You’re a wide-footed roller skater. That’s why you’re researching the best roller skates for wide feet. In this post, I hold your hand through the often challenging process of selecting quad skates that fit even if you have wide, f;at feet.
If you leave this place with a pair of comfy quads with lots of room for your wide forefoot, I’ll smile. Seriously.
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List of 4 Best Roller Skates for Wide feet
Here’s the list:
1. Bont Quadstar Roller Derby Skates (Editor’s Pick)
Last update on 2021-05-28 / Affiliate links / Images from Amazon Product Advertising API
2. Bont Prostar Roller Derby Quad Skates (the Vegan Pick)
Last update on 2021-05-28 / Affiliate links / Images from Amazon Product Advertising API
3. Sure-Grip Rasta Mid Top Roller Skates
4. Riedell 265 Vandal Derby Roller Skates
5. VNLA Blackout Roller Skate Boots
It’s time to do a close examination to unravel what each of these wide-width roller skate recommendations adds up to.
1. Bont Quadstar Roller Derby Skates Review
The Bont Quadstar Roller Derby skate is a great selection for folks with flintstone feet. Even though it’s a starter skate, the Bont Quadstar rivals premium-quality boots in terms of material quality, build, and performance.
The boot offers thermo moldability. With hot air from a hairdryer, you should manage to craft a custom fit within minutes.
The upper is made of genuine leather cured in Australia while the base plate consists of high-quality reinforced fiberglass.
Traditional laces work with a removable Velcro power strap to give your feet a comfortable, secure fit. Laces finally go via lace loops at the rear, just as is the case with the Riendell 265 below.
The tongue boasts neoprene padding that keeps blisters at bay, and the reinforced toe fosters performance and longevity. A solid 20-degree kingpin and Derlin pivot cups make the trucks super sturdy.
These quad skates roll on 87A Bont wheels driven by ABEC 5 Bont bearings. And when you’re going too fast, there’s the lifesaving Bont toe stop to turn to.
Measure your feet and then check Bont’s sizing chart to determine the right fit. Typically, Bonts are a size smaller (men’s) than regular sizes and 2 sizes smaller in women’s sizes.
- Entire boot is thermo-moldable
- Firm fiberglass plate
- Affordable but offers premium-level features
- Reinforced toe enhances performance
- Sizing can be a little tricky
To avoid sizing issues, follow Bont’s sizing instructions. Aside from that, it’s an excellent roller derby skate. Grab a pair and shine at the Fresh Meat try out.
2. Bont Prostar Roller Derby Quad Skates Review
These handmade, ultralight, responsive boots pass through 16 detail-oriented quality control stages. To solidify the overall build, the company incorporates an anti-stretch material between the microfiber liner and outer layer.
Three non-animal-derived materials namely microfiber, Suede-L (a suede-like material), and Durolite make the skate 100% vegan.
This boot is heat moldable, too. The company uses super stiff, in-house prepped resin (polyepoxide) that softens at about 60 degrees Celsius. It’s a highly controlled curing process, and Bont claims that’s about the lowest temperature in the entire industry.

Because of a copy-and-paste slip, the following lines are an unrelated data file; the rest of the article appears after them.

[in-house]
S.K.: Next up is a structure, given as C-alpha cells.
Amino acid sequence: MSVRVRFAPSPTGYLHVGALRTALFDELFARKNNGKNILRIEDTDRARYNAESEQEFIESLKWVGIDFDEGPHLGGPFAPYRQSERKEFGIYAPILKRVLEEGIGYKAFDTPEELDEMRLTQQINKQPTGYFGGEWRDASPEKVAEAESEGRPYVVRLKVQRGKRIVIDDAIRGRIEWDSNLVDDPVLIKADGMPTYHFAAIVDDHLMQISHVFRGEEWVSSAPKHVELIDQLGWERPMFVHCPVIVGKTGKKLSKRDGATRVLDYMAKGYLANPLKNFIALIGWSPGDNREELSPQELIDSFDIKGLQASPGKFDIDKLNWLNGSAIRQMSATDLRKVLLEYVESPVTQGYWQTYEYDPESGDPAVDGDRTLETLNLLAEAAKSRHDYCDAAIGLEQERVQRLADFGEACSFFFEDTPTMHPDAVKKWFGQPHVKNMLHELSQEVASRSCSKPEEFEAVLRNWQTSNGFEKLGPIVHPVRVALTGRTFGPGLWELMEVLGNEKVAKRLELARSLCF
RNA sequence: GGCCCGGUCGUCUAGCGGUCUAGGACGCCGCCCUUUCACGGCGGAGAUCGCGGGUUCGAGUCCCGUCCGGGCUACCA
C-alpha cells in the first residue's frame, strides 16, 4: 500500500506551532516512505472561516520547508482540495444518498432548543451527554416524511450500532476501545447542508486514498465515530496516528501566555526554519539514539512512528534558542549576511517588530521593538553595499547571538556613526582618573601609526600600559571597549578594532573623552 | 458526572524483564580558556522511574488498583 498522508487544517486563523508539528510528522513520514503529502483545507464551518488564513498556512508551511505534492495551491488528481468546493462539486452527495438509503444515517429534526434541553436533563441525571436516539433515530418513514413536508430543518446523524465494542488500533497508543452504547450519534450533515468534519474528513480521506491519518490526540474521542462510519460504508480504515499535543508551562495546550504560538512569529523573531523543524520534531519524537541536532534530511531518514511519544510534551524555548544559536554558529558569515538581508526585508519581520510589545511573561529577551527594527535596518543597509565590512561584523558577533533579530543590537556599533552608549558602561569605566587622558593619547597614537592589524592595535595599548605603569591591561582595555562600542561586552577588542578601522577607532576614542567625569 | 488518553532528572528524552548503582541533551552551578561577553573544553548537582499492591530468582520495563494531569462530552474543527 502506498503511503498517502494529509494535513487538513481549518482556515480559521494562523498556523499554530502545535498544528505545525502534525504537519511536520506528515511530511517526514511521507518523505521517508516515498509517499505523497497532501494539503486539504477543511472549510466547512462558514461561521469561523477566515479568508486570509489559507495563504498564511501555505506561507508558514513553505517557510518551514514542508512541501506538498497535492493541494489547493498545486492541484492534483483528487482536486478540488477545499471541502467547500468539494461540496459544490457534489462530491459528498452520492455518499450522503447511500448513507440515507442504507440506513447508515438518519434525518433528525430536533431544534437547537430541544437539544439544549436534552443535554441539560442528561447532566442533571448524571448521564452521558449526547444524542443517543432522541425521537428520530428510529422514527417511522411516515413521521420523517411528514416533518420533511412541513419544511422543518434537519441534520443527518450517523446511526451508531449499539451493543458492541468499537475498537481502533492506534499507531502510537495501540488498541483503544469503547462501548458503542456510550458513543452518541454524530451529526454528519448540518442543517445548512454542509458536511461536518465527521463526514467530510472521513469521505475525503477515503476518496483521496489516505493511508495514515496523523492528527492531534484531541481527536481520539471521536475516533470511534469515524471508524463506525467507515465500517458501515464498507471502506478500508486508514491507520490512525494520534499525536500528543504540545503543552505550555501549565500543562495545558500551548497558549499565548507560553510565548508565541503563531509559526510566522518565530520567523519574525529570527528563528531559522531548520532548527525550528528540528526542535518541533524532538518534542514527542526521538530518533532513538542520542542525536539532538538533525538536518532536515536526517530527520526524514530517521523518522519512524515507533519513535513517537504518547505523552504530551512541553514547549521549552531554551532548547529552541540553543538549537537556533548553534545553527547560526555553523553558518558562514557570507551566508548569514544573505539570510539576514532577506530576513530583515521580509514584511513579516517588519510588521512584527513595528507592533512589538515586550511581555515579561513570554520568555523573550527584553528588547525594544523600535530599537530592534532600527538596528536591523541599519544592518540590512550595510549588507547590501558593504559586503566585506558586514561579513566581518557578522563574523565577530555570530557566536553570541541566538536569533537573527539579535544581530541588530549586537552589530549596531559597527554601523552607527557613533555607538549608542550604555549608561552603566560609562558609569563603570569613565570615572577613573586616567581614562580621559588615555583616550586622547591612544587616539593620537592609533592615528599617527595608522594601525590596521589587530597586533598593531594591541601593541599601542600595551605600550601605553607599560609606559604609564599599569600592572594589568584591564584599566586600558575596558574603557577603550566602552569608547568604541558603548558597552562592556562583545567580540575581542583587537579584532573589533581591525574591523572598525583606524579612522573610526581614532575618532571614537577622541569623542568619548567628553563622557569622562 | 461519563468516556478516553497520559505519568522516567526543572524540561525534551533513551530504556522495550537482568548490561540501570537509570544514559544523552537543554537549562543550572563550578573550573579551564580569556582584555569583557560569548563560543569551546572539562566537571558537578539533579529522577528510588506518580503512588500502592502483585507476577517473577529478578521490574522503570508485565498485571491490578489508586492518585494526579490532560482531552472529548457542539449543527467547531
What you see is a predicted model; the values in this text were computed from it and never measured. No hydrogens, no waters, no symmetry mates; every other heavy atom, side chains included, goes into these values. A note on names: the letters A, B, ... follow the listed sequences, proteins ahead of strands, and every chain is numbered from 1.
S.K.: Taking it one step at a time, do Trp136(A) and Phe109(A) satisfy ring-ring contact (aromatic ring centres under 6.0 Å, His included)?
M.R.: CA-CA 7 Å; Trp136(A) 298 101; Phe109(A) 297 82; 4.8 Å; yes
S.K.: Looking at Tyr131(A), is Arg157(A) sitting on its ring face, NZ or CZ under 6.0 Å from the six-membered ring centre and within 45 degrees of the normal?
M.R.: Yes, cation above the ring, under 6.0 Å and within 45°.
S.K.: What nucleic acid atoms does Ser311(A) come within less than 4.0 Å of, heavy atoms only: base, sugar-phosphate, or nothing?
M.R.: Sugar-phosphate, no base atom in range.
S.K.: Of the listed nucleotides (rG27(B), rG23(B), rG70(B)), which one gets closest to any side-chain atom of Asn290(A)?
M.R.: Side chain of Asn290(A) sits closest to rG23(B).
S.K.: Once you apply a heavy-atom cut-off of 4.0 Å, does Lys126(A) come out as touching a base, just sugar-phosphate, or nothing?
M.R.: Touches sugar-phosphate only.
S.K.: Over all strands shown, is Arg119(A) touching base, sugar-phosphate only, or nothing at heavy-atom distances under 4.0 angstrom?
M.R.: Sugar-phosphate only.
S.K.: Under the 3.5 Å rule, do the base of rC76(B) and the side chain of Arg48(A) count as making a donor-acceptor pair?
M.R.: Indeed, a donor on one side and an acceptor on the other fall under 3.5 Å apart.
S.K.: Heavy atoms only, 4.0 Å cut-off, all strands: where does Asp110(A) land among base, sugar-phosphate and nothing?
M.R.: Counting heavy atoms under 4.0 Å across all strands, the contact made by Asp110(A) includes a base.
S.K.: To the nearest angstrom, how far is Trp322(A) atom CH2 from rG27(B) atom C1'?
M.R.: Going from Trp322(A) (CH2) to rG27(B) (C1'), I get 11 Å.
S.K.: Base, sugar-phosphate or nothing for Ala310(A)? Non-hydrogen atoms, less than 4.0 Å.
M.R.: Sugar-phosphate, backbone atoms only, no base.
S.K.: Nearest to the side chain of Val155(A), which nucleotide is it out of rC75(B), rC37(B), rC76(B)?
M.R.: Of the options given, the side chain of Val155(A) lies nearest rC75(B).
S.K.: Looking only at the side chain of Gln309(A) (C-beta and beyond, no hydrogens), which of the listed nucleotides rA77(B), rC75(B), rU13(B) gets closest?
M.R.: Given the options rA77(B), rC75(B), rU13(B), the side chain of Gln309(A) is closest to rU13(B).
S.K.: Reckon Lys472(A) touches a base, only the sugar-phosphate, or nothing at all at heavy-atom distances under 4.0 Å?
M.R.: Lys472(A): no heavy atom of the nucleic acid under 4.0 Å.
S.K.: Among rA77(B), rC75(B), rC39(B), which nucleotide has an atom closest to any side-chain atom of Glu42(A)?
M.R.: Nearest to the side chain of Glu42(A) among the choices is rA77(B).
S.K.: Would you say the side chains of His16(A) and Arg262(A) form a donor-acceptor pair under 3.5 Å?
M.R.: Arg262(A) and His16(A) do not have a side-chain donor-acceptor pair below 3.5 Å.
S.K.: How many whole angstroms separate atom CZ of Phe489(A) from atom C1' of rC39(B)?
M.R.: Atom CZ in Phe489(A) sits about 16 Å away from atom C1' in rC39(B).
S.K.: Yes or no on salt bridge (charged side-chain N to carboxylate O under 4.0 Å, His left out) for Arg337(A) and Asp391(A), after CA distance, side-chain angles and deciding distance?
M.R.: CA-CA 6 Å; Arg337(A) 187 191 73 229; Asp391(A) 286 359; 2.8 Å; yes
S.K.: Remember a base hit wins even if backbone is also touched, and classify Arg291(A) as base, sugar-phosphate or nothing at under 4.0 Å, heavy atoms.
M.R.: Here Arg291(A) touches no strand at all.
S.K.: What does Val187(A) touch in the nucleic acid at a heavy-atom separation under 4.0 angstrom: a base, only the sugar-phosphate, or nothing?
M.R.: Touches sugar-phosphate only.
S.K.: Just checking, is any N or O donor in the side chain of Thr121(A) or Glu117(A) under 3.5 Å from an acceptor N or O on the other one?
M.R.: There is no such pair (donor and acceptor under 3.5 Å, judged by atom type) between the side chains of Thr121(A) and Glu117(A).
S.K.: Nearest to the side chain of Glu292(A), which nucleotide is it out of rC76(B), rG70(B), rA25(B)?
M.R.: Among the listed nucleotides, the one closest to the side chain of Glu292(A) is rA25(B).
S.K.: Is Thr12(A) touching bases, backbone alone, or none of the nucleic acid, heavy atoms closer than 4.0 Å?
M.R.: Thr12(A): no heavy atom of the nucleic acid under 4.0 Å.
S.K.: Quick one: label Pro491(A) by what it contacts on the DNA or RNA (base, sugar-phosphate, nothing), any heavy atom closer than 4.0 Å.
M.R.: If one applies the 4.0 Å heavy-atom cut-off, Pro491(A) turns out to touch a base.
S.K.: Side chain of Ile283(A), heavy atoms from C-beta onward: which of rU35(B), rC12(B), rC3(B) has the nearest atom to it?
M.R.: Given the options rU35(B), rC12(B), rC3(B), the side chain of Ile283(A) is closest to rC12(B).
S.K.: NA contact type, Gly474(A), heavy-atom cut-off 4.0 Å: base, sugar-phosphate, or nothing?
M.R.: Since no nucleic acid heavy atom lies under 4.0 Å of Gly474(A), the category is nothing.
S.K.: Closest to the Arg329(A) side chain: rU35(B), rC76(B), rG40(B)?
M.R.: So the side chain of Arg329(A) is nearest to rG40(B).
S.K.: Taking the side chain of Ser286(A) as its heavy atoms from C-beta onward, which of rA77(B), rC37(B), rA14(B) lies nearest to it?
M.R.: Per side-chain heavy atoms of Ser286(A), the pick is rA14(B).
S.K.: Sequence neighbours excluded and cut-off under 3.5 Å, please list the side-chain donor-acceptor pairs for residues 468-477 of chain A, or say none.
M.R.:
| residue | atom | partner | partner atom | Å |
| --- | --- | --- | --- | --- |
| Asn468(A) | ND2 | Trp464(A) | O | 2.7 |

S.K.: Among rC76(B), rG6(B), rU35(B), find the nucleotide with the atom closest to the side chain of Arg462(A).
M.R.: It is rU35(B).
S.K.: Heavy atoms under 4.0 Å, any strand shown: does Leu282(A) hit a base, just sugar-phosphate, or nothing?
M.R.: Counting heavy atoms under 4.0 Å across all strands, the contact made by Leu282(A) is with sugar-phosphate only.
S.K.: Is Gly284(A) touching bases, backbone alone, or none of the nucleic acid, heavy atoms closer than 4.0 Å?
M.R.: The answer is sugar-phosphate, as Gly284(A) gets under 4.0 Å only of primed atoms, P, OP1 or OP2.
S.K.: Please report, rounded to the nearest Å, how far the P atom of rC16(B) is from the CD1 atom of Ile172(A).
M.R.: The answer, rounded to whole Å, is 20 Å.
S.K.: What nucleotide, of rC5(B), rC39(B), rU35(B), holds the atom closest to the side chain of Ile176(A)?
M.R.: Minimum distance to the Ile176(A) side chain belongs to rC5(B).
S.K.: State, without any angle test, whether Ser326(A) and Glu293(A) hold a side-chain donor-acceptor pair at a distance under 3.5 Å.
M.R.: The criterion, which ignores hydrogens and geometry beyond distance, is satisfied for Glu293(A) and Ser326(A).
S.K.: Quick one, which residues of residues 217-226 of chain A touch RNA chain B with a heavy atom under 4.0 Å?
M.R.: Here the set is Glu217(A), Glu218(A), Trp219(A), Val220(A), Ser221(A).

You end up with a heat moldable anatomical heel cup and forefoot that adds to the boot’s stability. And your pushes become a bit more powerful.
You can mold your boot and customize your fit in just 10 minutes. An adjustable Velcro strap and laces that go via a loop at the rear further help enhance the fit. And no, Bont says to not bake the boot in the oven. Instead, use a hair dryer.
Finally, the replaceable rubber bumper at the front protects your toes against impact during the most intense sessions. Then, there’s Bont’s closed cell memory foam that wicks away sweat, increasing comfort and durability. As for the wheels, they’re indoor skating ballistic wheels that roll nicely.
- A decent, affordable boot that looks amazing
- Vegan friendly
- 16 intense quality control phases
- A lightweight, responsive vegan deal
- Anatomical heel cup that improves fit and boosts strength
- Closed-cell memory foam for more comfort
- Low-temperature, customizable fit in under 10 minutes
- Wheels not great for outdoor skating
But don’t worry. Just buy an extra set of 62mm wheels and forget about this little problem.
Bottom line? A derby ready boot that’ll never be the reason you lose competitions.
The Bont Prostar Roller Derby Quad Skates are affordable, heat moldable, carefully-constructed, and most important, roomy enough. Remember to consult the Bont sizing chart before ordering on Amazon.com or wherever.
*Note that this boot comes in normal width. However, Bont boots tend to be roomier than boots from competing companies.
3. VNLA Blackout Roller Skate Boots Review
The VNLA Blackout is an upgrade from the original Vanilla Brass knuckles Blackout boots. It’s a low-cut, low-heeled design that uses top-grain, hand sorted 100% Italian leather.
The boot is available in Men’s sizes 4-13. Go one size smaller if you’re a female skater. If you’re eyeing a men’s size 7, for instance, buy size 8. Get it?
The upgrade involved a bit of color modification and a significant improvement in the quality of the upper and outsoles. Also, the insoles got a little face-lift, becoming more form-fitting and long-lasting. Whether you’re a speed, derby, or jam skating pro, your hunt should end with this derby style skate.
The VNLA Blackout isn’t the priciest option, but its build is rock solid. It resembles the costlier Riendell Minx 965 in appearance, feel, and finish.
There’s a lowered lace flap that’s so designed to give you more freedom during moves. And even though you can’t see the laces, they’re right there under the black lace cover.